I’ve been trolling eBay, looking at film-camera listings ending soon. You sometimes pick up bargains that way. It’s led to a few camera purchases, which will in time lead to reviews here. I was hoping to find some point-and-shoot 35mm cameras that others haven’t already reviewed, and I did find one, but primarily bought other kinds of cameras.
The first camera is this Nikon One Touch 200, from 1991. Unfortunately, its auto winder doesn’t work, making the camera useless. The seller refunded my money and told me to just throw the camera away, which I’ll do now that I’ve photographed it for this post.
The next camera is a 35mm SLR: the Mamiya/Sekor 500 DTL. This is a basic match-needle SLR with a 1/500 sec. shutter. I owned one 15 years ago or so, but it broken in more than one way and I eventually got rid of it without putting film through it. This one is clean, with hardly a mark or scratch. The only cosmetic flaw I find is the flaking lettering on the pentaprism. Unfortunately, I found a corroded battery inside. I’ll clean out the corrosion and hope that the meter still works. But I’m going to shoot and review this camera even if the meter is dead, because the camera is all mechanical otherwise.
Next I found this Kodak Duaflex, a pseudo-TLR for 620 film. I’ve had any number of opportunities to buy one of these but have never opened my wallet because I’ve owned two Duaflex IIs (review here), which are just a later version of the same camera, albeit with a pop-up hood over the viewfinder. But this original Duaflex had something I’ve never seen before: a cover for the viewfinder and lenses. It hooks on below the taking lens, and snaps on in the corners behind the viewfinder. It also came in its original box.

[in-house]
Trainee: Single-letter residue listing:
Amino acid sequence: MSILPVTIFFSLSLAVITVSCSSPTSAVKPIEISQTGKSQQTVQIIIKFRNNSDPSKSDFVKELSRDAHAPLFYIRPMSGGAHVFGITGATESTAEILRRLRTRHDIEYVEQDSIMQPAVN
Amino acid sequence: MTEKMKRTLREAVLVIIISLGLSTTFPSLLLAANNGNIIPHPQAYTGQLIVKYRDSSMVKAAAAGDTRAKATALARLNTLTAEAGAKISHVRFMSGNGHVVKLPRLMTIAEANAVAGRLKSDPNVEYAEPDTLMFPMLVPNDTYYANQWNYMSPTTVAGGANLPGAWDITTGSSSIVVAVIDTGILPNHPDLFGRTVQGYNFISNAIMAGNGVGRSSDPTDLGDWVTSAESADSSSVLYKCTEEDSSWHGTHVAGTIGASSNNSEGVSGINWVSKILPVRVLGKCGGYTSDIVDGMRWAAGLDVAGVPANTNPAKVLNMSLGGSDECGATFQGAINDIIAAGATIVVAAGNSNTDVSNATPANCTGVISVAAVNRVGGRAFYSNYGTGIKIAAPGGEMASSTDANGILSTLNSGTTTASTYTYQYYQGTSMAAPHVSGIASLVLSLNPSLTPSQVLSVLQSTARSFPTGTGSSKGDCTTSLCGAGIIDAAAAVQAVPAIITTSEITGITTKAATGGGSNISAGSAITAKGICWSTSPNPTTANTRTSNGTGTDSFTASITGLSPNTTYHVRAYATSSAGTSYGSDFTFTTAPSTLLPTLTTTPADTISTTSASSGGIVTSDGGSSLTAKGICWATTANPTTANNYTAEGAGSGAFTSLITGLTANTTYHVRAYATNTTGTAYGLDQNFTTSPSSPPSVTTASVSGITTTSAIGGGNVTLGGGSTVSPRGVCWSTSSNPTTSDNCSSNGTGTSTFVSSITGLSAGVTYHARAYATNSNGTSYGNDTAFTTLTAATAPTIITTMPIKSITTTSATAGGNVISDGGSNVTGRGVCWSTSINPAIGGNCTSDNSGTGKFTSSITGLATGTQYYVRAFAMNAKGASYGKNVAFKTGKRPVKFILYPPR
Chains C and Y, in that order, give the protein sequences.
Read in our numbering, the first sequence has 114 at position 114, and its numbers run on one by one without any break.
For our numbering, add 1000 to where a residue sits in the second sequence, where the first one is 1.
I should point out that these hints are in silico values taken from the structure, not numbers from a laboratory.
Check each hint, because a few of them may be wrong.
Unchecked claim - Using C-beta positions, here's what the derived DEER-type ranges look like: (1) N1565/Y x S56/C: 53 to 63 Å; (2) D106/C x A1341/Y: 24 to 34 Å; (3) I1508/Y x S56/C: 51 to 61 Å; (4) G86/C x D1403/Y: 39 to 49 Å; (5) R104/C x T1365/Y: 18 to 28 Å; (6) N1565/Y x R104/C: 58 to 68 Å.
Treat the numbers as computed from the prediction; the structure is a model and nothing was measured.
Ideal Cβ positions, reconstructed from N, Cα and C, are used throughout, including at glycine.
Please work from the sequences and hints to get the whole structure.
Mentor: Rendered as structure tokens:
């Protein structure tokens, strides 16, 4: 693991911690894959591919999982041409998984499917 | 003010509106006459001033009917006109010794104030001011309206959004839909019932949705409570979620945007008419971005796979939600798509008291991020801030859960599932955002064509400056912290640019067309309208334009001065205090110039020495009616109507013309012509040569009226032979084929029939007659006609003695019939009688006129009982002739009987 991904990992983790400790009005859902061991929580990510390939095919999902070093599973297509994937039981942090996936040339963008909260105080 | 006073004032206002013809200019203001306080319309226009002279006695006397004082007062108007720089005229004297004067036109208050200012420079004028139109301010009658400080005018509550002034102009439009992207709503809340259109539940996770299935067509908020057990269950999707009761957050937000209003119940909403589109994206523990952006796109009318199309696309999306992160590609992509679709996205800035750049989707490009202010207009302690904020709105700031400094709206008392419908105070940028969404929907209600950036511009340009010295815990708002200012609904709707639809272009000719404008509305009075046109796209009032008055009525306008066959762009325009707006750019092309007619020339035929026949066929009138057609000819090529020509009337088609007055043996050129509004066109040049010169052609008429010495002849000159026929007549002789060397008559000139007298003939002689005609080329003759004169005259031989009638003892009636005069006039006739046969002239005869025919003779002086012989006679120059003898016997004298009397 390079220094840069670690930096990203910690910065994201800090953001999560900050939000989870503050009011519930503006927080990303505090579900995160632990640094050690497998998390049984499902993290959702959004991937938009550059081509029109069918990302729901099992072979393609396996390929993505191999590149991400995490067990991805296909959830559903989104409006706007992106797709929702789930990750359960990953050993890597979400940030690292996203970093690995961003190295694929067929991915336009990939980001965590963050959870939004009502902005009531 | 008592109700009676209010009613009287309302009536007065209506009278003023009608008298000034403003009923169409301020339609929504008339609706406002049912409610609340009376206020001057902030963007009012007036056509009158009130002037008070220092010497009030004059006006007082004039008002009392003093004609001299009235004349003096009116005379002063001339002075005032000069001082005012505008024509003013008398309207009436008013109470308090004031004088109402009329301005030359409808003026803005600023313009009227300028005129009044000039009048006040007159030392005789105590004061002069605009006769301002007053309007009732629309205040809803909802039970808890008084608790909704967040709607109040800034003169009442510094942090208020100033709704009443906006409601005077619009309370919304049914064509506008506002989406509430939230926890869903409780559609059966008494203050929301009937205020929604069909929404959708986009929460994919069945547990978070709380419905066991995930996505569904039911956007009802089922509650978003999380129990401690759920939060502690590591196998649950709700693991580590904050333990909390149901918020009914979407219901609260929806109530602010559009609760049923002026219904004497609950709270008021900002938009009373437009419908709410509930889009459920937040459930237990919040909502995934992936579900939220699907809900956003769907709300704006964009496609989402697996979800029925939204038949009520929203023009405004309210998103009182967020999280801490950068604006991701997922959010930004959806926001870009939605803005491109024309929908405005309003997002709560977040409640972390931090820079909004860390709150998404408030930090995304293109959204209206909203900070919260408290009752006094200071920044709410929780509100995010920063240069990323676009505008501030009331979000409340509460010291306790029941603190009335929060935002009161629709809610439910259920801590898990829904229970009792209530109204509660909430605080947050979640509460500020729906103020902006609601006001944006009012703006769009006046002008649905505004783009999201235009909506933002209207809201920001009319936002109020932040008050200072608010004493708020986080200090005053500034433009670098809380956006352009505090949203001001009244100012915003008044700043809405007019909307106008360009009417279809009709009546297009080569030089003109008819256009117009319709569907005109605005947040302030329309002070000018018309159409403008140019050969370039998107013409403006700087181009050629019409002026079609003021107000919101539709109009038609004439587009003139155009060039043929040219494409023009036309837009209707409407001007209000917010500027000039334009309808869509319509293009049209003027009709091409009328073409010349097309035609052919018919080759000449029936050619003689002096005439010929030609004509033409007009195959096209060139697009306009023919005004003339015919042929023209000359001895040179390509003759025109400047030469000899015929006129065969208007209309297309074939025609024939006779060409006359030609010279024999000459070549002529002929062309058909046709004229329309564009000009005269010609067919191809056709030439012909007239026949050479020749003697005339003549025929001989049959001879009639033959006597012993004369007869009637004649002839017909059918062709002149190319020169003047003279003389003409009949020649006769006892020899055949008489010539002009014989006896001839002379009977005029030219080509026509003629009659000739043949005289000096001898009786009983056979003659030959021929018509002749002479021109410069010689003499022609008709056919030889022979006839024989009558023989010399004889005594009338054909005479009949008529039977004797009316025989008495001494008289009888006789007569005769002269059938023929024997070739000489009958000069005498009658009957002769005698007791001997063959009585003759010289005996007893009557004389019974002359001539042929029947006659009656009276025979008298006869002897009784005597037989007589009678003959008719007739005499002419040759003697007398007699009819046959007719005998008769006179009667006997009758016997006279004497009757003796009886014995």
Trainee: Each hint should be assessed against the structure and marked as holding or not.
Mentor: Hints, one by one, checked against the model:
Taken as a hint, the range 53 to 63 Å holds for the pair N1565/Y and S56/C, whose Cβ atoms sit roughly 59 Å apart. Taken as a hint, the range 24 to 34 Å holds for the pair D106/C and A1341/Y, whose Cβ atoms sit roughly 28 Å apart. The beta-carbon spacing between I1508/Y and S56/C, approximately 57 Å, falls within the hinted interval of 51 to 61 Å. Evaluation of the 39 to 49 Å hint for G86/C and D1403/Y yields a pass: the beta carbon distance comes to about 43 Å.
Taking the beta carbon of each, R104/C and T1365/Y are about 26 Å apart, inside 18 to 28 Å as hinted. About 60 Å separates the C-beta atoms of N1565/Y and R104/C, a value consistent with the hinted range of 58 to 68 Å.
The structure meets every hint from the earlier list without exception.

Next I found this oddball 35mm camera, the Sears Tower 41. Mamiya made it for Sears. It features a 43mm f/2.8 lens and, as you can see, a prominent reflector dish for an AG-1 flashbulb. This is a rangefinder camera with shutter-priority autoexposure. Mike Eckman reviewed one; see it here.
Finally, I did end up buying one point and shoot. This Vivitar 500PZ is said to be the same camera under the skin as the Leica Mini Zoom, although both cameras were manufactured in Japan by Matsushita (Panasonic). This mid-90s 35mm auto-everything camera features an f/4-7.6 35-70mm zoom lens.
I’ll put film through these cameras in the months to come.